Monday, November 10, 2008

A Dark Man to Bring them Luck (Greenwich 1938)

A late contribution to Black history month, this story comes from the Mercury in the summer of 1938 (sorry I didn't write down exact reference, it was in July or August):

Sister Brides Carried from Church: a 'Dark' man to bring them luck

'Three months ago, whilst visiting a public-house in Greenwich, Mr Charles Lawrie of 8 St Alfege Road, Charlton, became friendly with a man of colour who played the piano and sang in the saloon bar. Bearing in mind his marriage in the near future to Miss Annie Leach of 12 Finch House, Church Street, Deptford, whose sister, Miss Caroline, was also being married at the same church, and at the same time, to Mr Thomas Wentworth, of 100 Warwick Street, Deptford, Mr Lawrie cultivated his friendship with the musician, Mr George Williams, and asked him if he would play at the double wedding reception. This he agreed to do, and suggested, too, that as a token of 'good luck' he should carry the bride from the church to the waiting car.

And so, on Saturday, when the double wedding took place at St Alfege's Church, Greenwich, he fulfilled his promise, carrying the brides across a pavement crowded with cheering people...

Mr George Williams appeared in the recetn Drury Lane production of 'The Sun Never Sets'.

Interesting story, suggests a number of things - a superstition about 'dark' men bringing good luck (I have heard of this in relation to New Year's Eve, but not in relation to weddings); black people in South London being treated as something of an exotic novelty (otherwise why report this in the local paper?); an example of a local black musician making a living in the 1930s from a mixture of West End shows and playing in the pub (would love to know what pub, but the story doesn;t say). The original story does include a photograph, but my copy is too poor to reproduce.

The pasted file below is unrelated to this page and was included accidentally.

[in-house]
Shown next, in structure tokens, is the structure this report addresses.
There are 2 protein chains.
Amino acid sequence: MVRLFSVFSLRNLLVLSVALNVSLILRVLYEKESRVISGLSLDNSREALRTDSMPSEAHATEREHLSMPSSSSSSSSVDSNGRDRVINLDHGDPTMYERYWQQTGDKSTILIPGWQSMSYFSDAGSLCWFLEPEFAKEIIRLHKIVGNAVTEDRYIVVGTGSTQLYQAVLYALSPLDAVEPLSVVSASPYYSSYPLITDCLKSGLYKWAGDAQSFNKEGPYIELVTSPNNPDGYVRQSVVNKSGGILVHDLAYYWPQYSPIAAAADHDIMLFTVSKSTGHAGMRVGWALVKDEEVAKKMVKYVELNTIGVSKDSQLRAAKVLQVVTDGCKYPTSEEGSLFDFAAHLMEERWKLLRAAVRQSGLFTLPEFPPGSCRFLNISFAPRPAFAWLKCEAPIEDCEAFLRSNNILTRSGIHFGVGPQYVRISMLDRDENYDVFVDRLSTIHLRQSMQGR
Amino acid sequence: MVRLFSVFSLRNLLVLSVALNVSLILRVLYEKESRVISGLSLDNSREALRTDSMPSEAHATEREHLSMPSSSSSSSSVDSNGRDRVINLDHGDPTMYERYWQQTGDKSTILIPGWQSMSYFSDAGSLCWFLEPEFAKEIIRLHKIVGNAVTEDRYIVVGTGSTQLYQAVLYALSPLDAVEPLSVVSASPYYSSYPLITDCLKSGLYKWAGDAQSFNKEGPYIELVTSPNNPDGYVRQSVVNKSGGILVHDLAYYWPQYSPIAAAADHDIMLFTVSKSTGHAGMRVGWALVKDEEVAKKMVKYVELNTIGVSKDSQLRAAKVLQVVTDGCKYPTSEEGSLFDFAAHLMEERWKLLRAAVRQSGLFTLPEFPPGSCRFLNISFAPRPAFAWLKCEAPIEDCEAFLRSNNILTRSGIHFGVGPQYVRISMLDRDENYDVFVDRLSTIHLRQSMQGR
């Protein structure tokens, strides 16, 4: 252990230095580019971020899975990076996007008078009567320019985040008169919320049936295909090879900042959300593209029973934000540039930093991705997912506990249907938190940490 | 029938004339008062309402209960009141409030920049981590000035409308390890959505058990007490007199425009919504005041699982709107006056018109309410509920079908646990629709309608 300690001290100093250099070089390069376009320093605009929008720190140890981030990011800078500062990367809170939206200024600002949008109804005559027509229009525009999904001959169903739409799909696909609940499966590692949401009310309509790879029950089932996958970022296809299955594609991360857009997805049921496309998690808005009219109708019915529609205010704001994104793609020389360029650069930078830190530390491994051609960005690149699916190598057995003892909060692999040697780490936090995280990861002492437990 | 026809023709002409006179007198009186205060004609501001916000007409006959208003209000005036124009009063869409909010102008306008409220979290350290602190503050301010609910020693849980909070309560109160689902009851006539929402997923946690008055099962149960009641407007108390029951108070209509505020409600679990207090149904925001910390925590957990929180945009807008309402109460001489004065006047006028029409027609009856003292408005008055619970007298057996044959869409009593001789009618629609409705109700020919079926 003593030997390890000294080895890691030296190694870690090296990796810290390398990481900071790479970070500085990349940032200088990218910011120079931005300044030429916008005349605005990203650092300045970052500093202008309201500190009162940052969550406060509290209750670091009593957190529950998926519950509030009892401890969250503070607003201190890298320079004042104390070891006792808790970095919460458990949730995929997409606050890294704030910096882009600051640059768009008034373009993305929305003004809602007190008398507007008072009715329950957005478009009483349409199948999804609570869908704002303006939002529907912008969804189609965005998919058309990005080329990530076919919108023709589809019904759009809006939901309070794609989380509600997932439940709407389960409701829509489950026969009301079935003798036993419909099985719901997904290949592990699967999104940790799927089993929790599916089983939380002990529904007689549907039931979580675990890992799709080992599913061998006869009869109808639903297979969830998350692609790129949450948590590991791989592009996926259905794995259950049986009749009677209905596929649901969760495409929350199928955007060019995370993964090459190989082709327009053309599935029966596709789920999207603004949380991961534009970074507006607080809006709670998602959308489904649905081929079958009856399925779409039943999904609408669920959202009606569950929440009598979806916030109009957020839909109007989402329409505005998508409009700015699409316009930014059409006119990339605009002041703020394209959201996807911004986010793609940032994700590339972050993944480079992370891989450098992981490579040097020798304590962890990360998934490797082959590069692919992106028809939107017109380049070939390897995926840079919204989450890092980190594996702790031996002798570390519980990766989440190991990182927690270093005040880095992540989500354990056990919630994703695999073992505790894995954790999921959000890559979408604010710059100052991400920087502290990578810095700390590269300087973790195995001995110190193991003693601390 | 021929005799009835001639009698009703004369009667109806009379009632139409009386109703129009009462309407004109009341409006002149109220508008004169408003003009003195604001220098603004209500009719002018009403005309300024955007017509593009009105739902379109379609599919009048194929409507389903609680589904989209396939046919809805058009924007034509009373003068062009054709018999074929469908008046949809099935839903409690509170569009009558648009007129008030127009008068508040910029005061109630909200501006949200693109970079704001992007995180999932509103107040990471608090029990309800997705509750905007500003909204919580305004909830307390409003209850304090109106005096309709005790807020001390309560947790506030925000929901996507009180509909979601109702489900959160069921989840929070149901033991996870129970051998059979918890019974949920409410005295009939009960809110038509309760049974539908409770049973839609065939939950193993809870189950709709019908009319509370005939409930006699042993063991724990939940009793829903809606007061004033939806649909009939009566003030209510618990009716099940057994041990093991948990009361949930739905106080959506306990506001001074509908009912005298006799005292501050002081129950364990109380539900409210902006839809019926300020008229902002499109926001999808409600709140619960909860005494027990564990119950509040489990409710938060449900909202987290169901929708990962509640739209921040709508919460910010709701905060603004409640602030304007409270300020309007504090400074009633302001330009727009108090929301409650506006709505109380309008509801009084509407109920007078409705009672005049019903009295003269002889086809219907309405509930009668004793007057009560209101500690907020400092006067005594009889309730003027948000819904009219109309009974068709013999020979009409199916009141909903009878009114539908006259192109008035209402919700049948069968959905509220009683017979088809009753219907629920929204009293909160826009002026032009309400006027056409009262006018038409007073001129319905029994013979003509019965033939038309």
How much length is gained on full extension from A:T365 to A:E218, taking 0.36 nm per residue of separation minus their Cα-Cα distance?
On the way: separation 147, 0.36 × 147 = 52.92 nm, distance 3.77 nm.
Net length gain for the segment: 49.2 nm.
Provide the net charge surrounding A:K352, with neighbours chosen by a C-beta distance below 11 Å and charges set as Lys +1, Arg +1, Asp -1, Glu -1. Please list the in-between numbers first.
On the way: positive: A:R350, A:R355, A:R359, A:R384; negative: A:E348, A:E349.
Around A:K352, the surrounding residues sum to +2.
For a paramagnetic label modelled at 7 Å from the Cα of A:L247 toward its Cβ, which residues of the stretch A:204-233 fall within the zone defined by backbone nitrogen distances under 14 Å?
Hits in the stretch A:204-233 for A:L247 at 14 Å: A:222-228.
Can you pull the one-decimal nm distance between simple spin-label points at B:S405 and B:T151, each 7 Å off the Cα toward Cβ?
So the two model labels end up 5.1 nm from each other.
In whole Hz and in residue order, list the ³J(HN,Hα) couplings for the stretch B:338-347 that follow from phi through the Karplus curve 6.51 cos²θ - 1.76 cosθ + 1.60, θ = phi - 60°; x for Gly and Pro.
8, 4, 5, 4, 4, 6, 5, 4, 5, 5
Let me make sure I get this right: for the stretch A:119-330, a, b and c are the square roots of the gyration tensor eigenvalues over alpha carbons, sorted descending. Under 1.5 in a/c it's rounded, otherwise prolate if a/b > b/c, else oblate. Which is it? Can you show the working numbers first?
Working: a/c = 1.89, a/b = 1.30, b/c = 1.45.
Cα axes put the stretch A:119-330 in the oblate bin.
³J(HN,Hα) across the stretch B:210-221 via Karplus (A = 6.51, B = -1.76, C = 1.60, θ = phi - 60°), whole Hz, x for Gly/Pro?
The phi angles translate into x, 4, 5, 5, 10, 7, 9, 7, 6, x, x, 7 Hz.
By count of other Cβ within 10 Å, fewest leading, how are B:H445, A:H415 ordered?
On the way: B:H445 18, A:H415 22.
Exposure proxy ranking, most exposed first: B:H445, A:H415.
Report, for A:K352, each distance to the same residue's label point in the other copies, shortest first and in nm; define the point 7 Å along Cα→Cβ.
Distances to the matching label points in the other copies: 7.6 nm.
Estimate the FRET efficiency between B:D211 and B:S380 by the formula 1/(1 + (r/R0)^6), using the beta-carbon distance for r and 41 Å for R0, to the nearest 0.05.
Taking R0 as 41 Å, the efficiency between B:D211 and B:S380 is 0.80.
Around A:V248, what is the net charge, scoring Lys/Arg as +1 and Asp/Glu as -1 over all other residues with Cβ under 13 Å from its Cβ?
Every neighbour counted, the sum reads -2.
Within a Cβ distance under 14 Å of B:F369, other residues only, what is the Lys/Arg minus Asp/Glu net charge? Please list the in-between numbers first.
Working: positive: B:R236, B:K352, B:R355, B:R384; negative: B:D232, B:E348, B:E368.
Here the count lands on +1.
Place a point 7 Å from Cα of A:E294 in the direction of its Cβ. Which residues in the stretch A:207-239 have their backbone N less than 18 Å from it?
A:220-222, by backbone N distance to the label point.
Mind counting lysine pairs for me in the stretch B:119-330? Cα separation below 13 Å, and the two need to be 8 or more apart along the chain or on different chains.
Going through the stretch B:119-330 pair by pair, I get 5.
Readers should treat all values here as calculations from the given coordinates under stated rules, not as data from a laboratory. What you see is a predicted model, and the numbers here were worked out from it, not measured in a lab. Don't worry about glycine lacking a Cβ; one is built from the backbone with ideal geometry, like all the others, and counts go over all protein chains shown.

Anonymous said...

It seems like an iteration of the lucky chimney sweep wedding folklore thing. It's apparently good luck to have a chimney sweep with a sooty face kiss the bride at a wedding, and I'd imagine this is where the "dark man to bring them luck" thing comes from. It's possibly also related to the New Year's Eve first footing traditions where a dark man should be the first to cross the threshold in the new year. I read a book on folklore once that claimed the chimney sweep thing is somehow related to wedding traditions around the Green Man, and that the leaves and foliage have been replaced by soot in an urban context. I'm not sure whether there's any truth to that or not, but it's interesting stuff.

David said...

I think it harks back to not just the tradition of sweep magic, but the wider ‘dark man’ blessing which some folklore experts relate to the explosion of ‘the Moor’ within the English superstition. Mummer’s would often include a character playing the Moor/dark man, who like the knight, when brought back to life by the Doctor character, would offer the audience a blessing in return for coins.